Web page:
I have been out here for one week already. The thought of the cold and other possible snowstorms (more than probable this time of year) are coming to feel like a deterrent, pushing me from carrying on any further, though I will eventually be thankful for not giving up. As I re-descend the course of Jökla along the west bank, heading south towards Kringilsárrani, a radical change takes place, and I am awarded the most unexpected revival of summer I’ve ever enjoyed: three days in a row of crystal-clear sky, terse visibility over a range of 60 km, and warm sun. I am back to wearing my lightest clothing, something I thought wouldn’t happen again for the rest of the year. It remains terribly chilly at night, and every morning I have to cope with a thick layer of frost spread over my tent and the land. Packing a frozen tent proves particularly miserable, and even muddy or sandy soils are turned hard as solid rock all the way until noon.
Over the last few days, the surroundings have completely changed in shades. Light brown is now pervasive, while patches of vivid and deep red stain the slopes around me. Autumn has finally imposed its colours on the landscape – the last autumn anyone will ever be able to admire around here. I usually find the thought of autumnal decay to be made bearable only by the perspective of the following resurrection. But a sleep without awakening – such as the one which is now expected here – that’s a different issue entirely.
I have covered a very wide part of the area around Snæfell by now, and I believe I am finally starting to grasp its peculiar and specific beauty. Especially fascinating for me is how different these locations feel from the rest of the Highlands. Even in the most remote and solitary places, far away from Reykjavík, Iceland is punk-rock: a young land, fast, rugged, raw and barren, with sudden and disharmonic explosions of energy and violence. And Iceland is noisy: thundering and growling waters, feedbacks in the wind – I never have the perception of silence, falling asleep in my tent in some remoteness of the countryside.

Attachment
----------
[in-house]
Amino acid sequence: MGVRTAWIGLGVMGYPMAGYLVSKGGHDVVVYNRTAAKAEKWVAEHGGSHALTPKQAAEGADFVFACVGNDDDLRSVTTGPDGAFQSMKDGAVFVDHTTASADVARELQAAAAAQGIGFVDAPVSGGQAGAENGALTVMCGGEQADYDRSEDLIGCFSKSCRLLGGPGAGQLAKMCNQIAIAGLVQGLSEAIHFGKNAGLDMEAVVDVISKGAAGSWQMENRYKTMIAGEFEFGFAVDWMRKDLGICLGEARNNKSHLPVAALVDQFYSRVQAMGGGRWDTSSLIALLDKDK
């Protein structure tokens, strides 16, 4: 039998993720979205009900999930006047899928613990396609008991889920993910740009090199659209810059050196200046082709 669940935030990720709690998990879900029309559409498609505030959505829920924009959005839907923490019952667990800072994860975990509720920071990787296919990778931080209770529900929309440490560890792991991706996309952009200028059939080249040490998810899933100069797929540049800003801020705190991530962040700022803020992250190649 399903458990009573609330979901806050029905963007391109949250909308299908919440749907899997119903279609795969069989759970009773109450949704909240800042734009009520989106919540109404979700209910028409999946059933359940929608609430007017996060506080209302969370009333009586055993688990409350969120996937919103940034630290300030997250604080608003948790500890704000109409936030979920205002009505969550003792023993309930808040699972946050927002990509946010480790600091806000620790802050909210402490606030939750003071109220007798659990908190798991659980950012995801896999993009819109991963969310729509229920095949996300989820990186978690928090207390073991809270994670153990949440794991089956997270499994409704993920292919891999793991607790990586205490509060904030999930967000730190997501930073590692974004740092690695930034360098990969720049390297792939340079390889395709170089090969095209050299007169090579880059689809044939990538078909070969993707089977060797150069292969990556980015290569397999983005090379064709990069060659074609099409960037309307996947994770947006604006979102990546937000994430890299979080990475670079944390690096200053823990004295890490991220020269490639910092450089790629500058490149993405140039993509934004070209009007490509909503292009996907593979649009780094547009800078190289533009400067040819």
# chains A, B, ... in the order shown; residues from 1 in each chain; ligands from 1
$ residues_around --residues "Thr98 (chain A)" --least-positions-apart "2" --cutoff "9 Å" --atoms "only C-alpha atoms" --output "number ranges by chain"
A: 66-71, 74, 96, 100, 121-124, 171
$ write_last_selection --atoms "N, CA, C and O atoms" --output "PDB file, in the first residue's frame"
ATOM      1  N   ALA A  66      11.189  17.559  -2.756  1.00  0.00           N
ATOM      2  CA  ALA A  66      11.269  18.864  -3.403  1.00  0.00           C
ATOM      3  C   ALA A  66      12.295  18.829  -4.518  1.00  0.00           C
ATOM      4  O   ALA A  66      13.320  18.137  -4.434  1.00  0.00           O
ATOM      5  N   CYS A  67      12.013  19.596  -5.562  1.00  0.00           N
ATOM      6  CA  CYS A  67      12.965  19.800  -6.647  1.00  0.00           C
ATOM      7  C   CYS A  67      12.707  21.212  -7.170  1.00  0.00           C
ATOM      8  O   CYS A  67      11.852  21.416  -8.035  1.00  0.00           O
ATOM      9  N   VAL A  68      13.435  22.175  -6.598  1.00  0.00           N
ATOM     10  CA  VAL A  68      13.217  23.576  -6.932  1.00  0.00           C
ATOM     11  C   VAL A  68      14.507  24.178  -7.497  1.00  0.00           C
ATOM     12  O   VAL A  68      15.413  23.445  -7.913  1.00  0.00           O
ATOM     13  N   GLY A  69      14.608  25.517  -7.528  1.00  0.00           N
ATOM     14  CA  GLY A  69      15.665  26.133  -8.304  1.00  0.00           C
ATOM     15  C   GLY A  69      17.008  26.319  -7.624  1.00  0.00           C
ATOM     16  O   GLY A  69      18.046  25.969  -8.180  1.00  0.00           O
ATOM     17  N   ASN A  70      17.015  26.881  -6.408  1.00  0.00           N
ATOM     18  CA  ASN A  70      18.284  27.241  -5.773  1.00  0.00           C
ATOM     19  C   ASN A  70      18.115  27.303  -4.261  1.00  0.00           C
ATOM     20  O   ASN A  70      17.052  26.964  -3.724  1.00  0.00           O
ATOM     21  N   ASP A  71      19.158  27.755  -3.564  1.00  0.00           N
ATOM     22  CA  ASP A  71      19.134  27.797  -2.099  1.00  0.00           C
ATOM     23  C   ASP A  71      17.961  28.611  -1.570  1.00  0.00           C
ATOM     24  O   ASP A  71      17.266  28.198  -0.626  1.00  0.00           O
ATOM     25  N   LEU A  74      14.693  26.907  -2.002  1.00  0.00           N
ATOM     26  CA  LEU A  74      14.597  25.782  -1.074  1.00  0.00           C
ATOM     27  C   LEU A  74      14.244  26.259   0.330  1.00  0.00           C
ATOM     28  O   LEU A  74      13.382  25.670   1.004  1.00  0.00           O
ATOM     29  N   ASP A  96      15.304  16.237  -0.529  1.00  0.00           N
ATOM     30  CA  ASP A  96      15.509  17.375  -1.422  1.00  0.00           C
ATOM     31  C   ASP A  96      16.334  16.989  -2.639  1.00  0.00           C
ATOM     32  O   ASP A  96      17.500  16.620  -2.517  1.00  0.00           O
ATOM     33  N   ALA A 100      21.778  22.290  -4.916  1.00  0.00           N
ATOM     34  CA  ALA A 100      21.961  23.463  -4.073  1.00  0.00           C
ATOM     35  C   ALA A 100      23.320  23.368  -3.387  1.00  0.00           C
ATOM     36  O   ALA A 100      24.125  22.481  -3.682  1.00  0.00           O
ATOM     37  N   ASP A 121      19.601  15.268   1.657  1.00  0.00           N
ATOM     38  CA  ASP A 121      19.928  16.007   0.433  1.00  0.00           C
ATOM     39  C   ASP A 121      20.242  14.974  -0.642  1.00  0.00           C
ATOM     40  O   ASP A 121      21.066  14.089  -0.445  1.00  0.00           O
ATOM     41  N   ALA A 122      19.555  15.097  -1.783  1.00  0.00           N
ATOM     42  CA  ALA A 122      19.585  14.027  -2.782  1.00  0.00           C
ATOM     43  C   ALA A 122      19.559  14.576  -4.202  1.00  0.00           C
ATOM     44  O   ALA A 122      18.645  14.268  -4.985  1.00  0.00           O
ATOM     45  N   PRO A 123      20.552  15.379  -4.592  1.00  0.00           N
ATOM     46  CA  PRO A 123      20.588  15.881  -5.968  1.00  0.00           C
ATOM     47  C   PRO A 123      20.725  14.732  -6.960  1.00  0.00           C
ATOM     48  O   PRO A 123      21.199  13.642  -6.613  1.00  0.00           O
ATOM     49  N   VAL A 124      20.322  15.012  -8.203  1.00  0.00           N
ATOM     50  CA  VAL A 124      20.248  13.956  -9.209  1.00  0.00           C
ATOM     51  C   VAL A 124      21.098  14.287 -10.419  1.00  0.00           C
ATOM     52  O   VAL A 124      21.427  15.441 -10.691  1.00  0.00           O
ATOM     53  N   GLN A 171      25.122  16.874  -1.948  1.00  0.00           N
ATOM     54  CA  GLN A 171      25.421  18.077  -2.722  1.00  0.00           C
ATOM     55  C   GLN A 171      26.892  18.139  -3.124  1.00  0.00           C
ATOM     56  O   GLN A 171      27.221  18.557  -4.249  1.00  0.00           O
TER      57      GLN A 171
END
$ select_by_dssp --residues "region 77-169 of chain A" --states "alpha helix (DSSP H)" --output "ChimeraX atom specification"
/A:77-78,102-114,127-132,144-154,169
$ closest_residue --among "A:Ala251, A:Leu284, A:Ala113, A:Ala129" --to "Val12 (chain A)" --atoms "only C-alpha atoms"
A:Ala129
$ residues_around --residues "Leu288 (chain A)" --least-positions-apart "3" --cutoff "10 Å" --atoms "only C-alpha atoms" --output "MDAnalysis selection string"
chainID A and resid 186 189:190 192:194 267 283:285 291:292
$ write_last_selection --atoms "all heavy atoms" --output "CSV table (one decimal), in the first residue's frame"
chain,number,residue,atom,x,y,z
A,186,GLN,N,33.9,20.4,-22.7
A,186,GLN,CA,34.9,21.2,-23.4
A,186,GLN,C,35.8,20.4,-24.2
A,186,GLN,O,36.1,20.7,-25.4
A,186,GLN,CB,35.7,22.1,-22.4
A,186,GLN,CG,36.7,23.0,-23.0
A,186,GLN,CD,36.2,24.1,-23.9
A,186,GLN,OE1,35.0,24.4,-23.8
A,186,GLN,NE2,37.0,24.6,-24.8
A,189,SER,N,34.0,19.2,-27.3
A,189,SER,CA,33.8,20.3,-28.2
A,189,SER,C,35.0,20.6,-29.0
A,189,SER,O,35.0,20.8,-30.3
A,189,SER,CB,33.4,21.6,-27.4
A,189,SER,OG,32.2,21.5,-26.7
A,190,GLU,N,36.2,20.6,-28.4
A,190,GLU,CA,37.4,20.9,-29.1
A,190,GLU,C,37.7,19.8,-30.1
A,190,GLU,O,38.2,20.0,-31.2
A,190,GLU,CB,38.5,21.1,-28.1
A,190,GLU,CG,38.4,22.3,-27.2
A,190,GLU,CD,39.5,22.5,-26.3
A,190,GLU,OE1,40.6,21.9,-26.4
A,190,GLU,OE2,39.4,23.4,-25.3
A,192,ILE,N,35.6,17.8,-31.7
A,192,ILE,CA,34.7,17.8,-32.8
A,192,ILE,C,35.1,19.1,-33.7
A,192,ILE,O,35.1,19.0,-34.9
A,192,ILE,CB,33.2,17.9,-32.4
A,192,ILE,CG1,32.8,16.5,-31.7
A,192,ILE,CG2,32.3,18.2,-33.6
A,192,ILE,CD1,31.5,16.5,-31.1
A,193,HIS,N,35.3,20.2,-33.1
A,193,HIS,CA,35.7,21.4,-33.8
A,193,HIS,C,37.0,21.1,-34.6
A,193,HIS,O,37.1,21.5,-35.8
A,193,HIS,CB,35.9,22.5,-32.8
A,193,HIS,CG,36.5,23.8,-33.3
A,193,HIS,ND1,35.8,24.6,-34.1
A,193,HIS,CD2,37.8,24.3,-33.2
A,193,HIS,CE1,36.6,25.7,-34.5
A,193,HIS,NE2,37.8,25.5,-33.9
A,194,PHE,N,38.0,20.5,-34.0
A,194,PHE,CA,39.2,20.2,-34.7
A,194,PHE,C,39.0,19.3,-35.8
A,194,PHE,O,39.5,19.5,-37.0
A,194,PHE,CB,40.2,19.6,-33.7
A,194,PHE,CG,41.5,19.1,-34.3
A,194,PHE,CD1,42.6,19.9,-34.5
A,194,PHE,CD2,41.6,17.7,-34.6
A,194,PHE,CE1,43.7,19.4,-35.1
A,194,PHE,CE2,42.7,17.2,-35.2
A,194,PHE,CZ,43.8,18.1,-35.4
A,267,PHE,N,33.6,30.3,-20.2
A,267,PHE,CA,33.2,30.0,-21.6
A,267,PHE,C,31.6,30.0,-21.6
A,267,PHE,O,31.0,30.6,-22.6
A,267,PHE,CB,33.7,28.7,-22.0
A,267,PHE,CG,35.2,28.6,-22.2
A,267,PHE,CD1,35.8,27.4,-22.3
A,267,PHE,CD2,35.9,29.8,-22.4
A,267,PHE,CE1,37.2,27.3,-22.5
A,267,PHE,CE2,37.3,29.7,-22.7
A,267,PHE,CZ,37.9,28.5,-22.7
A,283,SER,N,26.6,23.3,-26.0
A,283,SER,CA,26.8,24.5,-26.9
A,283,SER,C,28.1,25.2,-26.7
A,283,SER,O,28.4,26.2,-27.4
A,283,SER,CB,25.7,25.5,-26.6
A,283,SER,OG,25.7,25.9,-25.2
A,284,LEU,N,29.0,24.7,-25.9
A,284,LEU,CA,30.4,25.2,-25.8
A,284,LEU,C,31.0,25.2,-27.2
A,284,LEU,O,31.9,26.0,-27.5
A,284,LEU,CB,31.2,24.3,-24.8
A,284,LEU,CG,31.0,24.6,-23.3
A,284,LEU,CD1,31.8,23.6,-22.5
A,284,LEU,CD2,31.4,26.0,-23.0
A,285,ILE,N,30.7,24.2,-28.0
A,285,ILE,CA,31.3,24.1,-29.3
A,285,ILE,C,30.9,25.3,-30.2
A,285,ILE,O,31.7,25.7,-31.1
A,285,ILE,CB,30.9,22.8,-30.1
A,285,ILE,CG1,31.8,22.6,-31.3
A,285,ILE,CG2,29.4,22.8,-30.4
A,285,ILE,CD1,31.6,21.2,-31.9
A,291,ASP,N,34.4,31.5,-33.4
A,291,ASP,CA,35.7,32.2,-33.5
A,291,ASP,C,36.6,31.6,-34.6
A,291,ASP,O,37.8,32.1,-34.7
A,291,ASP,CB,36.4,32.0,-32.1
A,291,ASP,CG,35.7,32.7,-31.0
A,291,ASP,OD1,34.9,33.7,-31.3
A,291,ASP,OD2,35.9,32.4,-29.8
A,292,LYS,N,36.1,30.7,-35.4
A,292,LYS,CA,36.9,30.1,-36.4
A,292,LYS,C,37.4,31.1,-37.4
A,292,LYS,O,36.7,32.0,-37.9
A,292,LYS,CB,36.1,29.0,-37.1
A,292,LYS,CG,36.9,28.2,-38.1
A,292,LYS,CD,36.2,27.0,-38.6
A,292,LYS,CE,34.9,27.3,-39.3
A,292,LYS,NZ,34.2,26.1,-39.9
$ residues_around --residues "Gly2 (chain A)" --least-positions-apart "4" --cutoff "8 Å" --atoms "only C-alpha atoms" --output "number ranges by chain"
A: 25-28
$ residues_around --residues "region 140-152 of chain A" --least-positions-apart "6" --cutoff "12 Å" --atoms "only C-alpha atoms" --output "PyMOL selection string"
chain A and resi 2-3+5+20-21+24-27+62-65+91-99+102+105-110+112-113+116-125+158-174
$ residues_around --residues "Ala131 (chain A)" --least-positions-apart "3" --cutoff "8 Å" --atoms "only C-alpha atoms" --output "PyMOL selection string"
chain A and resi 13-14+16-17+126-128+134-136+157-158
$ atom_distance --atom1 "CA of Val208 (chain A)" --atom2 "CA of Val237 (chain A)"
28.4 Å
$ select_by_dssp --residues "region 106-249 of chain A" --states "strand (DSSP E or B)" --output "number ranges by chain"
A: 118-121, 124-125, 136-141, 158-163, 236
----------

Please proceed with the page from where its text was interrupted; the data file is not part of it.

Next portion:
But here it is different. Here everything is dilated, solemn and majestic, almost grave, overgrown in the red and green of the vegetation – because royalty does not tolerate nudity. And silent, terribly silent – a silence you can hear and listen to. All the lines in the visual range – straight and regular – seem drawn according to geometries of Euclidean perfection. Parallel lines form stratified terraces that almost look man-made.
It feels curious, but hardly accidental, how emotionally Sigur Rós have fought for the preservation of this region, when one thinks of how perfectly their music and the surroundings appear to reflect each other. In both, the sense of melancholy and nostalgia for something which is not here seems to shine through – something that, in this case, soon will be no more.
The oasis of Kringilsárrani lies right beneath the glacier, protected as an island, encircled as it is by the two impassable rivers of Jökla and Kringilsá on the flanks, and Brúarjökull at the back. A preserved wilderness area, unique both for its fauna (besides the rich birdlife, herds of reindeer freely roam here) and its geology (seldom will you appreciate so neatly the millenarian action of the glacier in shaping the land).
The approach to Kringilsárrani is a walk across Brúarjökull, and through a rather primitive but effective ropeway scarily suspended above the impetuous waters of the river Kringilsá. It is a sort of rite of passage introducing hikers here to a different world. A couple of kilometres further along the river, Töfrafoss (i.e. “the magic waterfall”) offers itself up as a spectacle of immense power, a crowning twofold rainbow springing from the crashing waters.